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MRI Used to Detect Local Prostate Cancer Recurrence After Prostatectomy

MRI Used to Detect Local Prostate Cancer Recurrence After Prostatectomy

CHICAGO--Because of its high cost and lack of universal availability, magnetic resonance imaging (MRI) has not been a prominent tool in the initial evaluation of prostate cancer. However, MRI is proving to be a highly accurate method of identifying local recurrence of prostate cancer after radical prostatec-tomy, Jeffrey M. Silverman, MD, said at the Radiological Society of North America (RSNA) annual meeting.

Using endorectal surface coil MR imaging, Dr. Silverman and his colleagues at Cedars-Sinai Medical Center, Los Angeles, prospectively analyzed 41 men who had undergone radical prostatectomy an average of 26 months previously.

Thirty-five men had clinical suspicion of recurrent prostate cancer because of an elevated PSA level or the presence of a nodule or induration on digital rectal examination. Six men served as controls because they had no signs of recurrence.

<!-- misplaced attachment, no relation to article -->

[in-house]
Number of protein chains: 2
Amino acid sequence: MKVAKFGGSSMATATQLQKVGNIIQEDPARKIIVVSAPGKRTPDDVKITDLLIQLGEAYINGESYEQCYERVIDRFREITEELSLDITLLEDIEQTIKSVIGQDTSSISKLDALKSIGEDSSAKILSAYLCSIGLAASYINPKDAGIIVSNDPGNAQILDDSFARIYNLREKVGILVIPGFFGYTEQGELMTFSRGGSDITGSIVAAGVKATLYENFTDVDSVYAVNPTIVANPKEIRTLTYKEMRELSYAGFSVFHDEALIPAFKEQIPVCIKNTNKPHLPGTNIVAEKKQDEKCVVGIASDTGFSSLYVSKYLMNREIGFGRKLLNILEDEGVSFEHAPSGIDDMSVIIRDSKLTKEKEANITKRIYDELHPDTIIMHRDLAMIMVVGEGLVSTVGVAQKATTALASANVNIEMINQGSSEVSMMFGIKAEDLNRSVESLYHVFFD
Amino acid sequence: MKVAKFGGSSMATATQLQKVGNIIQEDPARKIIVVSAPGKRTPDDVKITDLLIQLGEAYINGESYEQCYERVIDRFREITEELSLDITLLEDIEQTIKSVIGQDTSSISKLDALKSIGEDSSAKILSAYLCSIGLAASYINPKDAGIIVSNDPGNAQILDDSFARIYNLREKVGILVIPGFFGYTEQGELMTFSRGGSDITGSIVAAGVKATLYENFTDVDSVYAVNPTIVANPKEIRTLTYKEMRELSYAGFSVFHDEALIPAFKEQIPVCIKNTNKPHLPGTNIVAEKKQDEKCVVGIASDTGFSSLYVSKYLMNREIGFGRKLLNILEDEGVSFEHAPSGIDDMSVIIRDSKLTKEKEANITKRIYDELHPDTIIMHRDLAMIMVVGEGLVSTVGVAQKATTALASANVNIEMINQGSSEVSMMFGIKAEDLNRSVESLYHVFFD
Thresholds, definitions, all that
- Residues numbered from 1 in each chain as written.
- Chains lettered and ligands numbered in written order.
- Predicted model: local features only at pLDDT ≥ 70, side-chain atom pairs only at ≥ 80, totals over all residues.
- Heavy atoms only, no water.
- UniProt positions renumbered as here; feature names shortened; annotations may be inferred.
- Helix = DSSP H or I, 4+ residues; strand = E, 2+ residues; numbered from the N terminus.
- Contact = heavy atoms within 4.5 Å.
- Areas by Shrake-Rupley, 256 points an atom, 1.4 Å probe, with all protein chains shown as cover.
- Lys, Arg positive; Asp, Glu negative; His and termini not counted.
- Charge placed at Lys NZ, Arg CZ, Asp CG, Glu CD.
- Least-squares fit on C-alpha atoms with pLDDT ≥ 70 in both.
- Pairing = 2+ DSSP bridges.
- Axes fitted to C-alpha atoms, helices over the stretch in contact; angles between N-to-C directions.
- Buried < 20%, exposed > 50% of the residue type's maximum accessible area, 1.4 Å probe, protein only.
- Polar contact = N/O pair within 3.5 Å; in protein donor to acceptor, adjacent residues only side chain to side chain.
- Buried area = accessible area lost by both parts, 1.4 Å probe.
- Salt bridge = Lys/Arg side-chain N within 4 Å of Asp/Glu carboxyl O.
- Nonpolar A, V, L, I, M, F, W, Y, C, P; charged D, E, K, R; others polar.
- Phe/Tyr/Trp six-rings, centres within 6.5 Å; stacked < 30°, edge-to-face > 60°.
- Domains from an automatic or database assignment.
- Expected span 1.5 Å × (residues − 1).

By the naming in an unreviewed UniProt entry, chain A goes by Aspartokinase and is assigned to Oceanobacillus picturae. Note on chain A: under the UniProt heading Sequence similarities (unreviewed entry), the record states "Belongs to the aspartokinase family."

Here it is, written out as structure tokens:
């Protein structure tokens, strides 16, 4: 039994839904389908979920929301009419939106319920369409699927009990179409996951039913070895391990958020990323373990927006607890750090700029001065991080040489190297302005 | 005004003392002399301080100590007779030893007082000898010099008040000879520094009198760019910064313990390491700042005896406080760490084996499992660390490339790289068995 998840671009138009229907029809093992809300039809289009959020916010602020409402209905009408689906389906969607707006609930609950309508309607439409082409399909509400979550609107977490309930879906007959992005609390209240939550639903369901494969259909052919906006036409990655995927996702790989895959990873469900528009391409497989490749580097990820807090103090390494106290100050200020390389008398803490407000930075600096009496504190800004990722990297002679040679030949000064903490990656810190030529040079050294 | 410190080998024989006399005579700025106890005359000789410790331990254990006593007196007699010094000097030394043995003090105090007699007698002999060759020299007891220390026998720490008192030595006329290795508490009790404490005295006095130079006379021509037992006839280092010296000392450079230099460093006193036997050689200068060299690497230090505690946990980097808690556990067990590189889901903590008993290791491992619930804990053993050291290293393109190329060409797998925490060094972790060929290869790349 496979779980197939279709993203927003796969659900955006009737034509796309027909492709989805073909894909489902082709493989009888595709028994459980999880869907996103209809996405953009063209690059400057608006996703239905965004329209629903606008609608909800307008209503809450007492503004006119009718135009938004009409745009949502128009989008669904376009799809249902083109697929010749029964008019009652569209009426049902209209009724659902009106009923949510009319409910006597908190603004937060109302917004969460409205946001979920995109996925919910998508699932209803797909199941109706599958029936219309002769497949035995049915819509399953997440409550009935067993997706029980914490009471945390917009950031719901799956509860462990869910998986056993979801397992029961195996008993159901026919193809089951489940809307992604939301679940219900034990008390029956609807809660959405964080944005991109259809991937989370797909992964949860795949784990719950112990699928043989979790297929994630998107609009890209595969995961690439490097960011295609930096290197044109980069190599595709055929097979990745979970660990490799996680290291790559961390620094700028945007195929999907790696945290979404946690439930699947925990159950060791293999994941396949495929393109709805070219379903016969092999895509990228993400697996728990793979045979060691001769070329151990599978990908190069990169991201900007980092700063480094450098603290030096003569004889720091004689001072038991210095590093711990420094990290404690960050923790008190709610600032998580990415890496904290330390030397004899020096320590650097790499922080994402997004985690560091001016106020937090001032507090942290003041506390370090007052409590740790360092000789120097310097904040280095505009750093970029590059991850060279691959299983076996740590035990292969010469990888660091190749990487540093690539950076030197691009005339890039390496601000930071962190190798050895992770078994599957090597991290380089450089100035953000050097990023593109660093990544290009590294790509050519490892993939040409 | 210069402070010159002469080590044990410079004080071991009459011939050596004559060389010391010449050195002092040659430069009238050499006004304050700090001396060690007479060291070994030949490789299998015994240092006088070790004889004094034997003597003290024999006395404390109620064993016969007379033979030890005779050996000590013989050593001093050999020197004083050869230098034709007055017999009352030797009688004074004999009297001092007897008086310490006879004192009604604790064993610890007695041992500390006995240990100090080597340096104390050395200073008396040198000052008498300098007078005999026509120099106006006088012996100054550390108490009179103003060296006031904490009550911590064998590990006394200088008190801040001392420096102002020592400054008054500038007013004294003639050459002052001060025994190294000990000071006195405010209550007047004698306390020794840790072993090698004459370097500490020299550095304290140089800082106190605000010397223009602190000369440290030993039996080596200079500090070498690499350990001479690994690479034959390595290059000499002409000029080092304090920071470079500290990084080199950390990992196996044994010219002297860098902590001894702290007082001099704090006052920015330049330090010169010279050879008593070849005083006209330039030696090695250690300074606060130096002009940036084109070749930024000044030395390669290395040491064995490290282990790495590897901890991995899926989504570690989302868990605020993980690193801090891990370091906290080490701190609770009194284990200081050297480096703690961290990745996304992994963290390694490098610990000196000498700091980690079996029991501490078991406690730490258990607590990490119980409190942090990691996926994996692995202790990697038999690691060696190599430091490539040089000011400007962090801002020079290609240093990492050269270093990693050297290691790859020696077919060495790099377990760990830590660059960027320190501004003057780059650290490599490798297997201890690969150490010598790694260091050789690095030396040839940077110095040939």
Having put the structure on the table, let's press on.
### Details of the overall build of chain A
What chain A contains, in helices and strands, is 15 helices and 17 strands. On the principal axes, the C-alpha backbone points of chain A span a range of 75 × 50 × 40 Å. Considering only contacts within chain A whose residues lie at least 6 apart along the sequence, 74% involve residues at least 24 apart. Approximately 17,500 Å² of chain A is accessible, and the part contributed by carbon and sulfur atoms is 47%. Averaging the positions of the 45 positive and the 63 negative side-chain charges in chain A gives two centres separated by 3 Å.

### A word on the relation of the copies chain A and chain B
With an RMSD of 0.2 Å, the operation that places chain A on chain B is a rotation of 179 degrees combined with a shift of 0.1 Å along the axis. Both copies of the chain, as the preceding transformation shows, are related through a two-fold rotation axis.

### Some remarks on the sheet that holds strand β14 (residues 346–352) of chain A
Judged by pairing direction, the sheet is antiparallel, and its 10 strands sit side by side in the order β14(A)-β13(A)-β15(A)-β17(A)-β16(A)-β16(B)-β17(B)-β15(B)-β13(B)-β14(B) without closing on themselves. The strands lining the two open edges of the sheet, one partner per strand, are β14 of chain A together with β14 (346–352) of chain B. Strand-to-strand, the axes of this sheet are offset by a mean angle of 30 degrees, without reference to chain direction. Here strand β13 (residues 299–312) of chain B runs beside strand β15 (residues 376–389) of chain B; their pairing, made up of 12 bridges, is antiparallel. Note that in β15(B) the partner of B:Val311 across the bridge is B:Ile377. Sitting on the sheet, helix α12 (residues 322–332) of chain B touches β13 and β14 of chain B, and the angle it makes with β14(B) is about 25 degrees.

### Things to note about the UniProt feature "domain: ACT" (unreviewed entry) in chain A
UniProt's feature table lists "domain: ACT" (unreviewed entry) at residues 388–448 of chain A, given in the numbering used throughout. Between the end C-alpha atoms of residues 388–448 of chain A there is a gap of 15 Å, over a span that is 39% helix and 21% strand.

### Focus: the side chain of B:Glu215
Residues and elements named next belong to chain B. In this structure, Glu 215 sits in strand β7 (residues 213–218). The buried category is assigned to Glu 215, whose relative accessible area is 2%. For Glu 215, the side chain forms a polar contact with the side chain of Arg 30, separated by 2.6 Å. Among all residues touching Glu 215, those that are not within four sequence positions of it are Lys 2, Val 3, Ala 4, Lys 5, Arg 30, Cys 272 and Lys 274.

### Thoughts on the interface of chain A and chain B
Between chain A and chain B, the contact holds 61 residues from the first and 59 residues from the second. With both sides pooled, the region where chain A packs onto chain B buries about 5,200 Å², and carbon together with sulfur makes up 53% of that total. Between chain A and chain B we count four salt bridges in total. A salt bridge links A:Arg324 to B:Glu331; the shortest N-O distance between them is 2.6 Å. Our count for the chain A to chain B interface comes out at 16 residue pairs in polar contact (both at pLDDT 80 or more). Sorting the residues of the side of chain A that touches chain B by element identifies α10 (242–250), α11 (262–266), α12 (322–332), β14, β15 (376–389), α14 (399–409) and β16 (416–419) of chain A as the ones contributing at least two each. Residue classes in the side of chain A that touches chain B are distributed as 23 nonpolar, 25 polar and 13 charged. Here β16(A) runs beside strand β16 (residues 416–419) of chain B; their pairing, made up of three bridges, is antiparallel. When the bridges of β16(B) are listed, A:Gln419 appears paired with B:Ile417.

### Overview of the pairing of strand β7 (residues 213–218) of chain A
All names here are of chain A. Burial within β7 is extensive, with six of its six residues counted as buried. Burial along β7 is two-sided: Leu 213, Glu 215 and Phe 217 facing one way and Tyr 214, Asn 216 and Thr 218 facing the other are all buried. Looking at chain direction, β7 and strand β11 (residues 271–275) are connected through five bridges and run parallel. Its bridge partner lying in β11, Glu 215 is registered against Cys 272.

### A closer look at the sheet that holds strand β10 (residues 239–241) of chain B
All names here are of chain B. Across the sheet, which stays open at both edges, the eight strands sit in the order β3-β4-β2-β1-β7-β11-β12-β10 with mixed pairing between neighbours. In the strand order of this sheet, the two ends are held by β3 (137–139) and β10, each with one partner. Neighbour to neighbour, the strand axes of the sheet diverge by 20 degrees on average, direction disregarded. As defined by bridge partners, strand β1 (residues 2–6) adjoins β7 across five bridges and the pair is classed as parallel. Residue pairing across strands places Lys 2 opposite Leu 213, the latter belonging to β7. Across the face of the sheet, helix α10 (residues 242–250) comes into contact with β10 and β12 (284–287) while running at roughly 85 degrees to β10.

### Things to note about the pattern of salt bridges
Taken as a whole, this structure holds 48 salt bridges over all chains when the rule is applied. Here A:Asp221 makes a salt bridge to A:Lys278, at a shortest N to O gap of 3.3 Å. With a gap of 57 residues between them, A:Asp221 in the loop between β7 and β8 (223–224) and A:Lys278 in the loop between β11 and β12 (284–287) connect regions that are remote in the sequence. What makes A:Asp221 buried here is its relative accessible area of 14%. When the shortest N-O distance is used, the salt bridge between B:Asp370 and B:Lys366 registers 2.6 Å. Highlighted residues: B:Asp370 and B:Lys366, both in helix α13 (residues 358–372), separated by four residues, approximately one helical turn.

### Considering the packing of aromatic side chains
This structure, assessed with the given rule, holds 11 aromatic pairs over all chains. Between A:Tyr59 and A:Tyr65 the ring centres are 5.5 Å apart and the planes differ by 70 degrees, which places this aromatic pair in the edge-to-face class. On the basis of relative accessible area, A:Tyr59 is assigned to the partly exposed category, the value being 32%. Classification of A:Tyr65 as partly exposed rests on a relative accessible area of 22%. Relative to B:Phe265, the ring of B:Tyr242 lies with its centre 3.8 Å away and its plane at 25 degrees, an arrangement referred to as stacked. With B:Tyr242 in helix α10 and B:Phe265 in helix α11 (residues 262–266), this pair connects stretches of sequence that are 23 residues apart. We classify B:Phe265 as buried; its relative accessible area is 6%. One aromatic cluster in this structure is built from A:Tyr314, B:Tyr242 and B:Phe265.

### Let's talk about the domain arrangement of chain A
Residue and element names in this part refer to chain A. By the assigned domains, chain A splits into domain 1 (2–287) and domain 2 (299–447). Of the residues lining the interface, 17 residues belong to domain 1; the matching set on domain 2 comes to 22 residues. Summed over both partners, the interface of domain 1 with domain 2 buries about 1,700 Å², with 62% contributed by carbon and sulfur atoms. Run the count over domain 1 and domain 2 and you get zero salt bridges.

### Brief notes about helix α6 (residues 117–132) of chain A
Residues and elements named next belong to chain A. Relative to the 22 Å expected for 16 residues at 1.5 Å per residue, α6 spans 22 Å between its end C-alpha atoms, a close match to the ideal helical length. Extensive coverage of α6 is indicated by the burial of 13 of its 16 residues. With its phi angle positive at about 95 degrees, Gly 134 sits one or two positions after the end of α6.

The men had four MRI sequences--a sagittal series of fat-saturated T2-weighted fast spin echo images, fat-saturated axial T2-weighted fast spin echo images, fat-saturated axial T1-weighted images, and fat-saturated axial T1-weighted images after gadolinium enhancement.

All 31 men who were suspected of having recurrent cancer because of higher than usual PSA levels exhibited a prostate bed soft tissue nodule on MRI. The nodules were isointense compared to skeletal muscle on T1-weighted images, hyperintense on T2-weighted images, and all were obviously enhanced after gadolinium administration, he said.

Four men with a palpable nodule or induration detected at digital rectal examination but stable PSA levels had fibrosis, and, in every case, MR imaging revealed no abnormality. The six men who had no clinical evidence of recurrent prostate cancer also had unremarkable MR scans.

The sensitivity and specificity of endorectal surface coil MRI detection of local recurrence was 100% in the study. Dr. Silverman concluded, therefore, that "endorectal surface coil MR imaging is a useful tool for men who have undergone radical prostatectomy and are suspected of having local recurrence of disease."

 
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